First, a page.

Also, as we watched Three's Company we watched our own styles evolve. As you saw the time changing, you would see the wide legged pants and the Dorothy Hammill cut make way for a natural perm, and Chrissy' went from blond to blonder to platinum blond with a mushroom cut. Jack morphed from a clean shaven, long haired hippie to eventually a natural 1980's sleeker cut. Some of the newness of the 1980's eventually started to come out, notably, designer jeans, lip gloss and eventually those short shorts were traded in for Bermuda shorts, a huge fad back in 1982. Eventually, you see some of the new wave such as when the Human League was a huge hit, and you see a little of the mullet type hair styling on Cindy and Janet when Madonna was just about to start hitting the charts. It was just such a mirror to society.



    And as Lucille Ball stated, this is not a show that sets out to change the world. We know it had its difficulties and perhaps they tried to parlay their bets a little foolishly with the spin offs, we might even know of the difficulty on the set and with the sexism the cast found in the scripts. However, the show did set out to make us laugh and every week, we laughed. Every. Damn. Week. Try and do this nowadays, about the same plot week after week and I dare anyone to try any better.moreless
  • Blecch!

    3.5
    If this show had aired during the same period as The Simpsons, imagine what would have happened if Joyce DeWitt dated Bart Simpson. I'm starting to think that she may have invented the catchphrase "Eat My Shorts" long before Bart did. Her outfits were too revealing and showed too much of a "don't give a damn attitude" that would later be adopted by Bart.
  • Simple and funny

    10
    A couple sets, a couple cameras, a couple long shots. Real funny, real smart, and has those feel good moments. My fav show of all time.
  • It's A shame John Ritter Died

    6.0
    John Ritter Played Jach in this show And Was The Best He died on set of his Later Show Im Not sure What it was But well onn set he Had A Heart Attack And he Was Rushed to the hospitel and the Docters Wherent Able to Save Him he died in the year of 2003 On His Daughters Birthday Im Only eleven So i didnt know about this intil Earler Last yearAnd even though It happened a long time Ago I cried He Was an Amazing Actor That The World will always Remebermoreless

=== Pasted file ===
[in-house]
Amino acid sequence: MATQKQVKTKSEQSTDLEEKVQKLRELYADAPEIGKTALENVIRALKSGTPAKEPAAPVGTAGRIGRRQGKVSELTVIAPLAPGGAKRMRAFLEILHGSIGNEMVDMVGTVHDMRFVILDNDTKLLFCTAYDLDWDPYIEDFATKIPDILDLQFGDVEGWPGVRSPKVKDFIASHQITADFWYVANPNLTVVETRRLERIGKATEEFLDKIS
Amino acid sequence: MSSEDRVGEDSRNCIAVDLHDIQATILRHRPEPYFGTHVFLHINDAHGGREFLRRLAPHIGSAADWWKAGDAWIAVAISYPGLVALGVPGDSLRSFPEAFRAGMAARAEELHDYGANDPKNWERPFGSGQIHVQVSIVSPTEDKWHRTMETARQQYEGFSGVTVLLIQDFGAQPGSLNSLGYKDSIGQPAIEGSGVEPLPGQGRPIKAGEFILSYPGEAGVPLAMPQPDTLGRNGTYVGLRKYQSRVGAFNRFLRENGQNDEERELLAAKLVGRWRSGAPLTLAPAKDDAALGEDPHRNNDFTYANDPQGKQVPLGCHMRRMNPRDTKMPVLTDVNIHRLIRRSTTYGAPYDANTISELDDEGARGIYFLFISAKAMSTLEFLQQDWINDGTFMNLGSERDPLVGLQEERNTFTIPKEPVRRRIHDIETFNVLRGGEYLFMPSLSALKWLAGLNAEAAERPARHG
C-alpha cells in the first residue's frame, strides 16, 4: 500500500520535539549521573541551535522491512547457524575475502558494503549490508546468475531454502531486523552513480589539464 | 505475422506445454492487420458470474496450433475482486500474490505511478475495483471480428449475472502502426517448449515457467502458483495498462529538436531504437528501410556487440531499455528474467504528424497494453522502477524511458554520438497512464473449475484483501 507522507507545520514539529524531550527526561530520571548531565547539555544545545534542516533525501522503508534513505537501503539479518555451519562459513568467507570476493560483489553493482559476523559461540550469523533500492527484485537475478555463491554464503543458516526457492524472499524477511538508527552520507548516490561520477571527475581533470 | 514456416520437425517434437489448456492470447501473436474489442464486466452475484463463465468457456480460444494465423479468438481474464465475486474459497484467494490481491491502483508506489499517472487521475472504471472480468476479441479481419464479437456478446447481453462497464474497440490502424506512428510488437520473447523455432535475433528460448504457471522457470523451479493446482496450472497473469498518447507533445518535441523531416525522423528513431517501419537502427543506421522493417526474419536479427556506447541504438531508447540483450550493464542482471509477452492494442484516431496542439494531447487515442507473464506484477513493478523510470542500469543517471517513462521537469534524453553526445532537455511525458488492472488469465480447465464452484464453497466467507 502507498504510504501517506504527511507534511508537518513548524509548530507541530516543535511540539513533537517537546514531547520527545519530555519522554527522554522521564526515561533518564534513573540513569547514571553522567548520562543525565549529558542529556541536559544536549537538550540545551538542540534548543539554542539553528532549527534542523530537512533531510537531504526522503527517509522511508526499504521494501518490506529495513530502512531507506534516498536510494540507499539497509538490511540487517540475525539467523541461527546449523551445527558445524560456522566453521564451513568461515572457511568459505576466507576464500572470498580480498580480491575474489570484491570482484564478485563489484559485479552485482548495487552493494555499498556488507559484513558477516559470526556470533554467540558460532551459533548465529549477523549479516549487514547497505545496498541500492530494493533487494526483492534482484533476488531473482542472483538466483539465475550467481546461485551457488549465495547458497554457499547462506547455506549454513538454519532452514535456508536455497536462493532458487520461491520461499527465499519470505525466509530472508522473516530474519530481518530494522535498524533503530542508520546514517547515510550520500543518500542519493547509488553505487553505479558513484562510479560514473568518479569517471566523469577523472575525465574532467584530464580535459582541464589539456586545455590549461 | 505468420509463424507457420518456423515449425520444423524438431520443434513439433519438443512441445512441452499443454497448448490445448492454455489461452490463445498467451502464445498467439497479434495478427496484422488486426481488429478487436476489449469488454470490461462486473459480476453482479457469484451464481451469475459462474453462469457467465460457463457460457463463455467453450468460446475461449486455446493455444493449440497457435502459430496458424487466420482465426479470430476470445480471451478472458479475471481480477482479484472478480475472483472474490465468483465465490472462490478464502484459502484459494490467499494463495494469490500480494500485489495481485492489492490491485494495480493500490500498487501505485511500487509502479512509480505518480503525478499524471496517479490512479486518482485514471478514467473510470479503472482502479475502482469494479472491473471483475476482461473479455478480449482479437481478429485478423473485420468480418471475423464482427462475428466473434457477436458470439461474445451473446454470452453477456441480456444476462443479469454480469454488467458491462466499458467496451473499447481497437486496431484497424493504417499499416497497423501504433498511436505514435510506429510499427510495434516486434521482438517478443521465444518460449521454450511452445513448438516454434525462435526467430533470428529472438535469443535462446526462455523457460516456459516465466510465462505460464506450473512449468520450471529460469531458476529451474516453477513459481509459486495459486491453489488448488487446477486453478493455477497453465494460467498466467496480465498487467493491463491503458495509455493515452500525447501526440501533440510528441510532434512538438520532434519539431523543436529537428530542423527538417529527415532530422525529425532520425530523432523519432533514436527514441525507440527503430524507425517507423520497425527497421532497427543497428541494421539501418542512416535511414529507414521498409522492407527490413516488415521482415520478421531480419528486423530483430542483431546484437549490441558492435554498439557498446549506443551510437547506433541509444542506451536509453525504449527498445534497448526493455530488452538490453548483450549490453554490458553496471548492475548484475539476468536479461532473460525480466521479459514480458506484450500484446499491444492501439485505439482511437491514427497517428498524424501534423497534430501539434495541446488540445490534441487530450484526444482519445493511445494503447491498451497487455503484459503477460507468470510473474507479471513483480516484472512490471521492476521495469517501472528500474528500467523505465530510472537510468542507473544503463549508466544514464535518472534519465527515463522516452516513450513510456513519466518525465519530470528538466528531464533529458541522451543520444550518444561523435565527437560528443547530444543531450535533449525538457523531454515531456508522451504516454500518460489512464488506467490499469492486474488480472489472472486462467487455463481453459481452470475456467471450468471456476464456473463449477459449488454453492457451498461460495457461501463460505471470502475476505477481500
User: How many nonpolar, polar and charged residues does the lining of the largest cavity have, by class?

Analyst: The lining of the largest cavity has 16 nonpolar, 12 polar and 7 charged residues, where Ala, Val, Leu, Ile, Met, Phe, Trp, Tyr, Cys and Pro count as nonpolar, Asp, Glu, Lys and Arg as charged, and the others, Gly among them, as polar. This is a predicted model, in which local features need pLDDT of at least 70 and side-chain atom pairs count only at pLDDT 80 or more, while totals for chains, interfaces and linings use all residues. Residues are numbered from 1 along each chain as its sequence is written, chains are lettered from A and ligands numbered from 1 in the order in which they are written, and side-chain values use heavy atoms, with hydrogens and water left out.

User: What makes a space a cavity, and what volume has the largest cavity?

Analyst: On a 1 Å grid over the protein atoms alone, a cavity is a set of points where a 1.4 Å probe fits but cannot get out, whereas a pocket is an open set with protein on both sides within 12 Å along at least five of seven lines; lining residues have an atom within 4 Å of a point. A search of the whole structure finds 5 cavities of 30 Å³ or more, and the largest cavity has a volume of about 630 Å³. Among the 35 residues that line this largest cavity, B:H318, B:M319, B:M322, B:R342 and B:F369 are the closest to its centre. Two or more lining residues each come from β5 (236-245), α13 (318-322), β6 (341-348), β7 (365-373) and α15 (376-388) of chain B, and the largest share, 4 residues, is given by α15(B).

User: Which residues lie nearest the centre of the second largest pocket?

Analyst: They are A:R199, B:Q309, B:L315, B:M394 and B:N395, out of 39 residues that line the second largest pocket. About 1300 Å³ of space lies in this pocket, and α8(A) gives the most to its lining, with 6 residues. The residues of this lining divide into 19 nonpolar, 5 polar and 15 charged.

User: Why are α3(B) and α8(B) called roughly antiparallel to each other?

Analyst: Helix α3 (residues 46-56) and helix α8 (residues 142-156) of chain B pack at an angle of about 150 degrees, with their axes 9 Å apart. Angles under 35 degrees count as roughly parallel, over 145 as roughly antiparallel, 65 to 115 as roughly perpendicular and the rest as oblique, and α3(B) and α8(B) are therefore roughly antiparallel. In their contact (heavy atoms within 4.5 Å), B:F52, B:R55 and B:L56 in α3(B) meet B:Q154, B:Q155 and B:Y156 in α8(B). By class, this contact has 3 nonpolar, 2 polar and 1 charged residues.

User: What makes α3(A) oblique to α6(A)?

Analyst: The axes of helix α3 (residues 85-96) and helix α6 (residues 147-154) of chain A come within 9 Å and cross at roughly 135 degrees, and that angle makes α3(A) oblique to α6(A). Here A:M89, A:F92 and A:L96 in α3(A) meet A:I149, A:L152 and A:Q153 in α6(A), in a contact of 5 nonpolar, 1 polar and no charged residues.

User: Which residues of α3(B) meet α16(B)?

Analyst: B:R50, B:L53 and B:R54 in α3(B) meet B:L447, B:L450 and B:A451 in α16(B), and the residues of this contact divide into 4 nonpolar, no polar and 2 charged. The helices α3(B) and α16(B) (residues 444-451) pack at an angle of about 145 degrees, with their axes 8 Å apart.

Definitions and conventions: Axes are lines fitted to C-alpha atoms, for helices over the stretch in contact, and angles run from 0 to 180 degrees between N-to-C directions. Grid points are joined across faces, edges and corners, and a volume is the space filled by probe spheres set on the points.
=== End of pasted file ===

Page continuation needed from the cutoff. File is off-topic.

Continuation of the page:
• Three's Company paved the way for future comedies of its kind. A definate must see for anyone of any age!

    10
    Three's Company was a show that was still airing in 1981, the year I was born. Although I can't recall watching it at a younger age, my parents told me that I did yet didn't understand why. When I was in high school I turned the t.v. on while getting ready and there it was. It was so familiar and re-kindled an interest for the show, a nice show that has a nice feel to it. It was that rememberance that I decided to use the show as a project for a tech class, and create a web site about it. I have continued to keep the site running even updating and the outpour from fans of the show has been CRAZY! As long as I still hear from fans I keep the website running and if you're interested please check it out as well. It's all non profit, I do it as a hobby. I'm also listed with every major search engine. My web site is called Three's Company Complex.moreless
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  • SOME LONG-AWAITED CLASSICS FROM THE EARLY '90S ARE AVAILABLE THIS WEEK WITH THE RELEASES OF THE SECOND SEASONS OF BEVERLY HILLS, 90210 AND MELROSE PLACE. BROODING, ANGST-RIDDEN, BEAUTIFUL PEOPLE NOT YOUR THING? JOIN MICHAEL PALIN AS HE VENTURES FORTH AND EMBRACES CULTURAL PLURALITY IN AROUND THE WORLD IN 80 DAYS.

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    More Info About This Show

    Categories

    Comedy

    Themes

    forbidden love, kids hijinks, gender roles, laugh track, life in a bar